Hey there, time traveller!
This article was published 14/1/2021 (250 days ago), so information in it may no longer be current.
As much as the pandemic has been a crushing weight on the economy, not to mention the terrible health consequences, it has also accelerated change that had previously been underway.
Online shopping has gone through the roof and the trend towards just about every kind of digital commerce has sped up.
For instance, the Winnipeg-based online professional matchmaking service, Vexxit, which launched just two months before the pandemic hit Canada, found it became relevant overnight.
Designed as a platform that uses machine-learned algorithms to match people with the best lawyer, accountant, financial adviser or consultant who fits their needs, company officials also found that a more proactive approach suited these times.
Since the company was just starting it had nothing to compare, but it did have early subscription of more than 200 professionals and realized there could be a way to leverage that large pool of expertise to make it that much easier for professionals to get the word out and for those stuck at home to get the help they needed.
Julie Rempel, Vexxit’s vice-president of marketing and partnerships, said, "When you don’t have the ability to meet clients in the way you always did, we thought we have to be more, we have to do more, we have to be more present for the people who need professional services."
For one thing, that meant being more proactive in marketing the professionals on its platform. For several months now it has populated its websites with all sorts of content produced by its professional members that not only provide pertinent and timely information, but it creates a new opportunity to market the individual professionals.
Right off the bat Vexxit had aligned itself with chambers of commerce across the country. Since chambers exist for the physical networking events, they had to transition to virtual meet-ups which made Vexxit’s connection even more valuable.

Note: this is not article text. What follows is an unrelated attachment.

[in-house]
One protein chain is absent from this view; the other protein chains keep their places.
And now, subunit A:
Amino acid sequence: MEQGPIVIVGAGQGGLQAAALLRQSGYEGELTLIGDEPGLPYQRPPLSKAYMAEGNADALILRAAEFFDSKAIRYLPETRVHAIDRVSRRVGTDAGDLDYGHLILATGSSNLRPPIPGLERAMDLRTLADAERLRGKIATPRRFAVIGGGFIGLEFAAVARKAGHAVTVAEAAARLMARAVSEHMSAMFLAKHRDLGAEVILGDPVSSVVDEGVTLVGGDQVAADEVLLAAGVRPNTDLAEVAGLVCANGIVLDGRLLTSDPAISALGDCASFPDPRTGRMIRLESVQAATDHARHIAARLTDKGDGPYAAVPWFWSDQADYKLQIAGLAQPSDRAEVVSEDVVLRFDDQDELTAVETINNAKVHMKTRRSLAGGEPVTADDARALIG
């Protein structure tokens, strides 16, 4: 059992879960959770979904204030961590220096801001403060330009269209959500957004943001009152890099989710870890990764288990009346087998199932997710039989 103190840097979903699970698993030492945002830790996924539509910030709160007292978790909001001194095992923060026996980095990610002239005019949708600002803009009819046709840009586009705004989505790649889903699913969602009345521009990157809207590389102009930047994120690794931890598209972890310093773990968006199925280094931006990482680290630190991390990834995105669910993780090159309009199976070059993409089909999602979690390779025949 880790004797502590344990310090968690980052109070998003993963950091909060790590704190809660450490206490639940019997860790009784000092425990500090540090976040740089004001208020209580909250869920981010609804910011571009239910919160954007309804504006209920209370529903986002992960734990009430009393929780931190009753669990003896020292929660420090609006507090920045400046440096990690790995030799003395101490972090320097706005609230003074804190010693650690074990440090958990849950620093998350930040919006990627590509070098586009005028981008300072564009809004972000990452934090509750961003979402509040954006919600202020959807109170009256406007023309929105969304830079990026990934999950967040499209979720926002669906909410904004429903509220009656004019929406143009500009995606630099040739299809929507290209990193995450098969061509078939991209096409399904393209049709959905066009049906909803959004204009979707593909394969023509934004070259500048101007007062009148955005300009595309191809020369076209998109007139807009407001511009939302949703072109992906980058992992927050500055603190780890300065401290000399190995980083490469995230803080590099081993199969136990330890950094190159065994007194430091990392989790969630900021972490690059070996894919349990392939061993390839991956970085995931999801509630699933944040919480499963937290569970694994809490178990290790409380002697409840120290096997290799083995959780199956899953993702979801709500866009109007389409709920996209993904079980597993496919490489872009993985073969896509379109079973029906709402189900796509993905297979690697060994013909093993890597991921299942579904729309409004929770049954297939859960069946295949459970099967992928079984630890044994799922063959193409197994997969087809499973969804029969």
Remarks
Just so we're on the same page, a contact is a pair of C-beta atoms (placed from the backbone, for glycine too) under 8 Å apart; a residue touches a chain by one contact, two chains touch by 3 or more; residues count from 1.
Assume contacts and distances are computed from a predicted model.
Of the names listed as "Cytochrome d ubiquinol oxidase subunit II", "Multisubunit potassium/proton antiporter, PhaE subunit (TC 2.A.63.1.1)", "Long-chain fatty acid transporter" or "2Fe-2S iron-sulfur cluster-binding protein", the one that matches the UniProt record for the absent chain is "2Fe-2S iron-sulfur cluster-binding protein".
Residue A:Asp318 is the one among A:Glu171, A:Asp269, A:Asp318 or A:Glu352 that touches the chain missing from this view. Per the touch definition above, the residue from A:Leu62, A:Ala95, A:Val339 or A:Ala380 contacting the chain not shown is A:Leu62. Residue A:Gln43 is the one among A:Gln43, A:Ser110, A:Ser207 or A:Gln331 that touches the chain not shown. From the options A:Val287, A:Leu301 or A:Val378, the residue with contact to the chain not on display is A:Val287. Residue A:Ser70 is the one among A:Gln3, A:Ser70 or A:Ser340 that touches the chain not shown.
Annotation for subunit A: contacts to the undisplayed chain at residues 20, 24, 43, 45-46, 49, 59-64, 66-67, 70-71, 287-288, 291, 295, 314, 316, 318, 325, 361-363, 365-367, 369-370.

For instance, this week Vexxit is putting on a free webinar on behalf of the Manitoba Chambers of Commerce to answer questions and provide advice on pandemic financial assistance programs after a chamber survey found that the biggest issue for 40 per cent of business was not the lack of government support but that the programs were too complicated.
Leilani Kagan, a business lawyer with TDS whose practice focuses on tax, trust and estate, is one of the presenters.
She had already done Vexxit webinars and had been on the platform. She believes the time is right for such a modern approach.
"It may not be for everyone but the way it modernizes the way people can connect with professionals is very relatable to today," she said.
The dozens of webinars Vexxit has produced are not just thrown out there into cyberspace with the hopes that the right people see them. Rempel said her growing cross-country marketing team works hard at qualifying the audience so that the people attending these virtual events are engaged to varying degrees in the subject matter making them that much more likely to actually require professional assistance in the future.
Matthew Burgoyne, a former Winnipegger who is a partner in the Calgary law firm, McLeod Law, may have the largest cryptocurrency law practice in the country. With rising interest — and valuations — in cryptocurrency the general interest level is on the rise.
He did a Vexxit presentation in December that resulted in calls, referrals and a potential client.
"I got all kinds of positive feedback,’ said Burgoyne. "They did a really good job getting the right audience on the webinar. I don’t know of any other service in Canada that offers that kind of depth. It definitely helped to grow my personal network."
So far the preponderance of professionals on the Vexxit platform is in Western Canada. (Rempel said the company is just starting a big push to sign up more in Eastern Canada). In its first year of operation it has facilitated about 400 matches for a match rate of 68 per cent and has engaged about 3.2 million people. Many professionals have already been matched numerous times including one family lawyer in Calgary who has had 14 matches.
Vexxit was at the right place at the right time, and its pivot to organizing virtual events has proven to be particularly well timed.
In addition to making it easier for individuals to actually take the leap and talk to a lawyer about a will or an accountant about a particular tax issue, it also provides a marketing platform for professionals which is sometimes not their strong suit.
"Vexxit has been excellent delivering programming," Kagan said. "A lot of professionals are not great at organizing themselves."
Martin Cash has been writing a column and business news at the Free Press since 1989. Over those years he’s written through a number of business cycles and the rise and fall (and rise) in fortunes of many local businesses.